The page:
Being active is the secret to staying healthy, and walking is one of the easiest and least expensive ways to get moving. So how about starting a walking group? It’s a great way to get exercise into your day and build stronger relationships with family, neighbors or co-workers. Walking is one of the safest forms of exercise. Still, if any group members have concerns, they should check with their doctor before starting. They can also use this easy screening tool to help determine if they’re good to go.

A huge impact

Simply walking 30 minutes every day can have a great impact on health. Frequent, brisk walks can boost your brain power, make you more productive and lower health care costs by reducing a wide range of health risks. This project lays out a plan to gather people or reach out to family, neighbors, friends, or co-workers. By planning out walks and encouraging each other, a walking group can have a huge impact on everyone involved.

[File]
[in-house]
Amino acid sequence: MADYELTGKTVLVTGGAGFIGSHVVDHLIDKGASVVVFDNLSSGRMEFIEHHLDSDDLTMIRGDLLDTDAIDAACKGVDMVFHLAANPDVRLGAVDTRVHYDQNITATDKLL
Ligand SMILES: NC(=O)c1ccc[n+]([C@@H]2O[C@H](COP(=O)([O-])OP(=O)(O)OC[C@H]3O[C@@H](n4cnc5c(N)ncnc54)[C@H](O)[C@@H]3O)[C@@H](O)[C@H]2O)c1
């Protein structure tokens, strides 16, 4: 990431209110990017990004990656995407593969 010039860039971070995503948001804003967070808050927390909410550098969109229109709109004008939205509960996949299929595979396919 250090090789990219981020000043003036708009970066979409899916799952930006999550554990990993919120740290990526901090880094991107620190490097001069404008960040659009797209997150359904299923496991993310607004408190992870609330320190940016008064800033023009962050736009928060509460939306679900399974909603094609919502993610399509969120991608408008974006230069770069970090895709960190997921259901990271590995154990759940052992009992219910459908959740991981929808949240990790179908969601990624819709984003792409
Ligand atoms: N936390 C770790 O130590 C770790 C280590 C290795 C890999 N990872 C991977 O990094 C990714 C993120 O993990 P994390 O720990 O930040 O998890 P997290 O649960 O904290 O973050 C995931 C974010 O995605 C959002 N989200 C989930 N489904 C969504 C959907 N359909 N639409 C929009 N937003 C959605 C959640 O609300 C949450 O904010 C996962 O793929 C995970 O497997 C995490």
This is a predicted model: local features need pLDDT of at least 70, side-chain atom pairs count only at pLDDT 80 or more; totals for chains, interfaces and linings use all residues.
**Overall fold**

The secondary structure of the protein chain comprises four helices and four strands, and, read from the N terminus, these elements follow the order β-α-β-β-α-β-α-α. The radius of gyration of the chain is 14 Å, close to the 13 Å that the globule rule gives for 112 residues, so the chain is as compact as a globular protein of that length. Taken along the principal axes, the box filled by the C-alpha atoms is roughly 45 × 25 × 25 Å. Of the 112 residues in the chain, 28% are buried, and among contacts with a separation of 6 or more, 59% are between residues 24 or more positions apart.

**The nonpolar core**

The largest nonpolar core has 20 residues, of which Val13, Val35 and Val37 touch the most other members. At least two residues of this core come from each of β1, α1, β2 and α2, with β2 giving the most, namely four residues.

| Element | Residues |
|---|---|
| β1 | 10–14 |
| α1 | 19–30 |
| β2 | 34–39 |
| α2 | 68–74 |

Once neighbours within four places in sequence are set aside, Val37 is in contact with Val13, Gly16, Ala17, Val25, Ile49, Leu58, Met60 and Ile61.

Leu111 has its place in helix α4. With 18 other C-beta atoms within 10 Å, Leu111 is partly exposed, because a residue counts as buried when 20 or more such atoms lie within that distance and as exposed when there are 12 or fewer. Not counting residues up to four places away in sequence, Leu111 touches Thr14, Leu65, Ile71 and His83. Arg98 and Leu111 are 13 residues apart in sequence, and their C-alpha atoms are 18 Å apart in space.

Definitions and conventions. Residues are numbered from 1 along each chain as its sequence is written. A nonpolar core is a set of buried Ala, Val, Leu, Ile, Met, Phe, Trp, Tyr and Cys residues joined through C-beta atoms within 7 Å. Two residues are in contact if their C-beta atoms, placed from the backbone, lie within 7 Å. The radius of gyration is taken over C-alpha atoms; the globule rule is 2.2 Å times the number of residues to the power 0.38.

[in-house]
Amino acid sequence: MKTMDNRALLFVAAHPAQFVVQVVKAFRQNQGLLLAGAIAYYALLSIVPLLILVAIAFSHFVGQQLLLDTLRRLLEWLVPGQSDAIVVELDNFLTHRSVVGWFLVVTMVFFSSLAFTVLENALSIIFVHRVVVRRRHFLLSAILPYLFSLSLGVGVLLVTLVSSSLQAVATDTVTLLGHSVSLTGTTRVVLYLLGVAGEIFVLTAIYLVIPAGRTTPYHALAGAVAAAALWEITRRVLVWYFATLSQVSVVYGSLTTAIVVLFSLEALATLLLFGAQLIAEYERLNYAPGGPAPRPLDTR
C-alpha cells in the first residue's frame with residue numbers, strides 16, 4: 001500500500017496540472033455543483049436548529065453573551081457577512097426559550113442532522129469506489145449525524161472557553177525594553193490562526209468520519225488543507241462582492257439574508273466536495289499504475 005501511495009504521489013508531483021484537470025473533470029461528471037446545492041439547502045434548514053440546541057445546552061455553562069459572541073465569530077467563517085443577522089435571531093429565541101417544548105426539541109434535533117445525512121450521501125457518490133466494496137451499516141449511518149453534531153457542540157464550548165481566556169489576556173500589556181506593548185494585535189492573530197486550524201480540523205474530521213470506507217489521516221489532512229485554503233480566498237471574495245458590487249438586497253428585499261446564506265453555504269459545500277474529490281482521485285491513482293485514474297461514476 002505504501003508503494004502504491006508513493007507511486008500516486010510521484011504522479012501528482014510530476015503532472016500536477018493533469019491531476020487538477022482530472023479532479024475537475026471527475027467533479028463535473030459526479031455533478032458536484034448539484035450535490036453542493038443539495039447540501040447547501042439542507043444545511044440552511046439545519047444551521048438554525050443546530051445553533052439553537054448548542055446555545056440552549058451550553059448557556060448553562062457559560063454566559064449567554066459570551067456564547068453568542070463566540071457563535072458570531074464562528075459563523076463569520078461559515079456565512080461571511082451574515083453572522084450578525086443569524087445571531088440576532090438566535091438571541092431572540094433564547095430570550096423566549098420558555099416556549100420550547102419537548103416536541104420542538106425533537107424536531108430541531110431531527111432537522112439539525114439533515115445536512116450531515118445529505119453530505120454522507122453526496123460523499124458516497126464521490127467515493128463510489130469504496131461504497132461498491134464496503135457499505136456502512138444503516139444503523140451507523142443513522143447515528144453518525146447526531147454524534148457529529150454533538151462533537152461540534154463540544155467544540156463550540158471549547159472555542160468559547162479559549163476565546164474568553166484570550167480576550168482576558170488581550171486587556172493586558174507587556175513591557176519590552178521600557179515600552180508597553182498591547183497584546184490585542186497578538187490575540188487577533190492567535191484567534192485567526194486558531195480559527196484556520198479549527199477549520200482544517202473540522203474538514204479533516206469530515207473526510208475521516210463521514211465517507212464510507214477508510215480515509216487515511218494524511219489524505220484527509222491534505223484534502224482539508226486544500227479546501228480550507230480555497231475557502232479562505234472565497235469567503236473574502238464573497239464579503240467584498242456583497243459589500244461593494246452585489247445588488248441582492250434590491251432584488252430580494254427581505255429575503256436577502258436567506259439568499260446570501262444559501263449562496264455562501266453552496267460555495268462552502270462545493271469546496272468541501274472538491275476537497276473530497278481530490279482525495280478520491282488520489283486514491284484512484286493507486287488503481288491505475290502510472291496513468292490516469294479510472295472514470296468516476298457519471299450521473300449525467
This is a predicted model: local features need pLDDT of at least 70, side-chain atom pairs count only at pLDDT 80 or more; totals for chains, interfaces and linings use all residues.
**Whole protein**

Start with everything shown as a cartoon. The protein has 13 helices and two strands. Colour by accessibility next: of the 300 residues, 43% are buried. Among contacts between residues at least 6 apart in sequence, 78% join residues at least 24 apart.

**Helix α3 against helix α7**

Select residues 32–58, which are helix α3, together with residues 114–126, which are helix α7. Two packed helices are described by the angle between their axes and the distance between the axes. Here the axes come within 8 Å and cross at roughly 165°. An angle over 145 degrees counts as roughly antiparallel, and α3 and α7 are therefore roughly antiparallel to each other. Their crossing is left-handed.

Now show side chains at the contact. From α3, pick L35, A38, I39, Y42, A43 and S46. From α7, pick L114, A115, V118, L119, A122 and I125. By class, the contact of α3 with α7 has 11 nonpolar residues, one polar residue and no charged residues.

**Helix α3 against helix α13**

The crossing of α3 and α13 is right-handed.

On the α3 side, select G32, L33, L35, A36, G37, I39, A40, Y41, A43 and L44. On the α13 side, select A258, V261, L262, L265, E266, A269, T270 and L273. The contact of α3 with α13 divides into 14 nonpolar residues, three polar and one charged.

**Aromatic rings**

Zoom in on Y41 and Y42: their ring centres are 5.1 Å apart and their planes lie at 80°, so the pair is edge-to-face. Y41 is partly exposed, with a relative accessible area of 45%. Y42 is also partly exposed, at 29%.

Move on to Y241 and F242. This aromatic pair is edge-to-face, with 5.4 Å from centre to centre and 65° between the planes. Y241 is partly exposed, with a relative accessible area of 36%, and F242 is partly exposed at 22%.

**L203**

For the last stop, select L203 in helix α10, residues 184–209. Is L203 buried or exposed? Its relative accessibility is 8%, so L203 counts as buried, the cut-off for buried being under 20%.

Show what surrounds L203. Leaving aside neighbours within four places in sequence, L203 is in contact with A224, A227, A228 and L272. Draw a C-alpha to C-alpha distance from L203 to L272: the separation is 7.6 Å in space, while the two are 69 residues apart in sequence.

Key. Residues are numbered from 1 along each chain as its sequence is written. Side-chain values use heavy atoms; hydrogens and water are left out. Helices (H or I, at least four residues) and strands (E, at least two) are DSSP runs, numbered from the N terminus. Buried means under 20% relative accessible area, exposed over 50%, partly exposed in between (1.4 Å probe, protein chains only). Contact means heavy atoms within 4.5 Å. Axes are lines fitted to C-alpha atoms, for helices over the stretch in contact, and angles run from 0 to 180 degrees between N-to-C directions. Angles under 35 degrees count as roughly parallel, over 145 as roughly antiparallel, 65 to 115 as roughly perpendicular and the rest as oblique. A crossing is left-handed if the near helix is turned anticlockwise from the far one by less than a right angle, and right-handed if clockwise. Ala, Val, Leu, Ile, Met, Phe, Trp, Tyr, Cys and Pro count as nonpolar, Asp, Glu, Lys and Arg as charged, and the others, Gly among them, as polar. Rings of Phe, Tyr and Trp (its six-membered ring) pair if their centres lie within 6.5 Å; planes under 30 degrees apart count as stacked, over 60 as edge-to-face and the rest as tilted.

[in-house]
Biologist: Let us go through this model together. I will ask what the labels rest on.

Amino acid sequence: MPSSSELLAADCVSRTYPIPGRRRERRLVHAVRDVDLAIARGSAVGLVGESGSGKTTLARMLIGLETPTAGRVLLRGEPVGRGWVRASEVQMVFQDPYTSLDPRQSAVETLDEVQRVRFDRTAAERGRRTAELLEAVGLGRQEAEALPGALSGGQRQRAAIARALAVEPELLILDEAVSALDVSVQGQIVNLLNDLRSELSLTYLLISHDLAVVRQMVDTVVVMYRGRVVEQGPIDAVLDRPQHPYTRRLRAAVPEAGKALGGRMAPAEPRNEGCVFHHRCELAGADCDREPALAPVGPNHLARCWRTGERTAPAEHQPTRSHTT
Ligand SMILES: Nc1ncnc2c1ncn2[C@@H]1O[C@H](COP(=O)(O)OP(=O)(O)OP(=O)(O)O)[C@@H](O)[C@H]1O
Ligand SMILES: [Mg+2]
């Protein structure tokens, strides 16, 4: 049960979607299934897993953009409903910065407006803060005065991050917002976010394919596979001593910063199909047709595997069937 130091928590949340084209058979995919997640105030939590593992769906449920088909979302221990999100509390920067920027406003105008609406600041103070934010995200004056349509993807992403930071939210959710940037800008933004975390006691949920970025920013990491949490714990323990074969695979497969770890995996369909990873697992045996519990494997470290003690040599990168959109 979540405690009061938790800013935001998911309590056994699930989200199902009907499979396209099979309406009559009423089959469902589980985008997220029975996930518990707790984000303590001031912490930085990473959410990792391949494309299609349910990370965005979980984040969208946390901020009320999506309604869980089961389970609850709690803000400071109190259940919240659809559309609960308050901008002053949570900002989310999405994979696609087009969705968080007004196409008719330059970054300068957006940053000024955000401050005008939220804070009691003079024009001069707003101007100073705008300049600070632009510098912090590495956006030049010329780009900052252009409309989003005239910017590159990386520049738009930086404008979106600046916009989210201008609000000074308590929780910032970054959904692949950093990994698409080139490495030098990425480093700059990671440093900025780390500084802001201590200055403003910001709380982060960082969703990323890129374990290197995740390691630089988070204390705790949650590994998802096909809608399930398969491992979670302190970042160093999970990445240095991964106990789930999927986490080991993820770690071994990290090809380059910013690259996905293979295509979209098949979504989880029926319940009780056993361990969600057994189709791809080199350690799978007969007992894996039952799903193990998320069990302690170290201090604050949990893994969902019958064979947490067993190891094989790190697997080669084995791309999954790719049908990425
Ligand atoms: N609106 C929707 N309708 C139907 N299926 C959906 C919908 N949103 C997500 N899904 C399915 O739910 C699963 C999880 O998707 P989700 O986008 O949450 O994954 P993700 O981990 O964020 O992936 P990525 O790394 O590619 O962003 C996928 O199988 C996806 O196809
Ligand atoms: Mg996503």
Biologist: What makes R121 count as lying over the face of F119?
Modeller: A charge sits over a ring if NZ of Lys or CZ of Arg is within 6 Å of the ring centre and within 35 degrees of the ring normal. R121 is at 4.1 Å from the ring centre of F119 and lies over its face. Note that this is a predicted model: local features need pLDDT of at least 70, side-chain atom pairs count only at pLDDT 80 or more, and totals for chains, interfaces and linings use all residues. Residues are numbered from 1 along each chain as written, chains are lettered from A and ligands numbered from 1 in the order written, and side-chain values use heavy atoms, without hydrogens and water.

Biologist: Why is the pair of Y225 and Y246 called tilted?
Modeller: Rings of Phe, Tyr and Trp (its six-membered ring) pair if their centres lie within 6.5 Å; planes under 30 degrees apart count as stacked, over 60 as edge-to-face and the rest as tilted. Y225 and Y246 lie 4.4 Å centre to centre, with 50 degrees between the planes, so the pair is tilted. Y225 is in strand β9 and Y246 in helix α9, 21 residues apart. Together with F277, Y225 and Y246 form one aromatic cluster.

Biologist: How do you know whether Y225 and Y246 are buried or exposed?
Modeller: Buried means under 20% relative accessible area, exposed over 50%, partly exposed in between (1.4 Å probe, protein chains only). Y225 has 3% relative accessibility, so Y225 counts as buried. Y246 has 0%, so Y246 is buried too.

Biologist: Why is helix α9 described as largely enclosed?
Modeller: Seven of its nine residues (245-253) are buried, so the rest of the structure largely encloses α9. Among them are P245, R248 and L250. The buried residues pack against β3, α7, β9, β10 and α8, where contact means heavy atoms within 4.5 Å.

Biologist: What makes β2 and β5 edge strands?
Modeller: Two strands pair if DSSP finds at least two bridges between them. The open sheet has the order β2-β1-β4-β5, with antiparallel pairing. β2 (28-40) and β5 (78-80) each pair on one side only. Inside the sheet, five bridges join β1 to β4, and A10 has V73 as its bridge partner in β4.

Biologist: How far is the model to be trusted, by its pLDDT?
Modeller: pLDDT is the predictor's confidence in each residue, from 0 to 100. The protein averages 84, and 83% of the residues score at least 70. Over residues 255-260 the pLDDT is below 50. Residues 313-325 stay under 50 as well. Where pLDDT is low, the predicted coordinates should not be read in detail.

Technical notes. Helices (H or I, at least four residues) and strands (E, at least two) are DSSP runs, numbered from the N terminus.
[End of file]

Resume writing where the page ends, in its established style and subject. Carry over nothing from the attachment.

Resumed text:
You enjoy walking and even have an exercise buddy to keep you on track. But maybe your enthusiasm has started to wane. The answer? Expand your workout circle and form a walking group in your community. By planning walks and encouraging one another, each member will have an impact on everyone else’s health.

A community-based organization

It offers simple steps to get started. First, see if there’s already a community-based organization that might join forces with you or offer ideas, information and resources. Maybe there’s a nonprofit that you’d like to support through a walk six or 12 months from now—check out its website to see if it offers planning pointers for fundraising events.
Next, decide how wide a net you want to cast to recruit members. You might keep the group to people you know or extend it to include friends of friends. Hold a kick-off meeting and work out key details like the days and times the group will meet, how long you’ll walk each time and a list of routes that will keep things interesting. Set up a system for contacting one another by text or e-mail so you can send updates and reminders before each walk.

Started in 2005 by David Sabgir, a cardiologist in Columbus, Ohio, it has chapters across the country. Walks are typically held on weekends for an hour and include a conversation with the local doctor who leads the chapter. It’s a great way to meet other people and get fit together.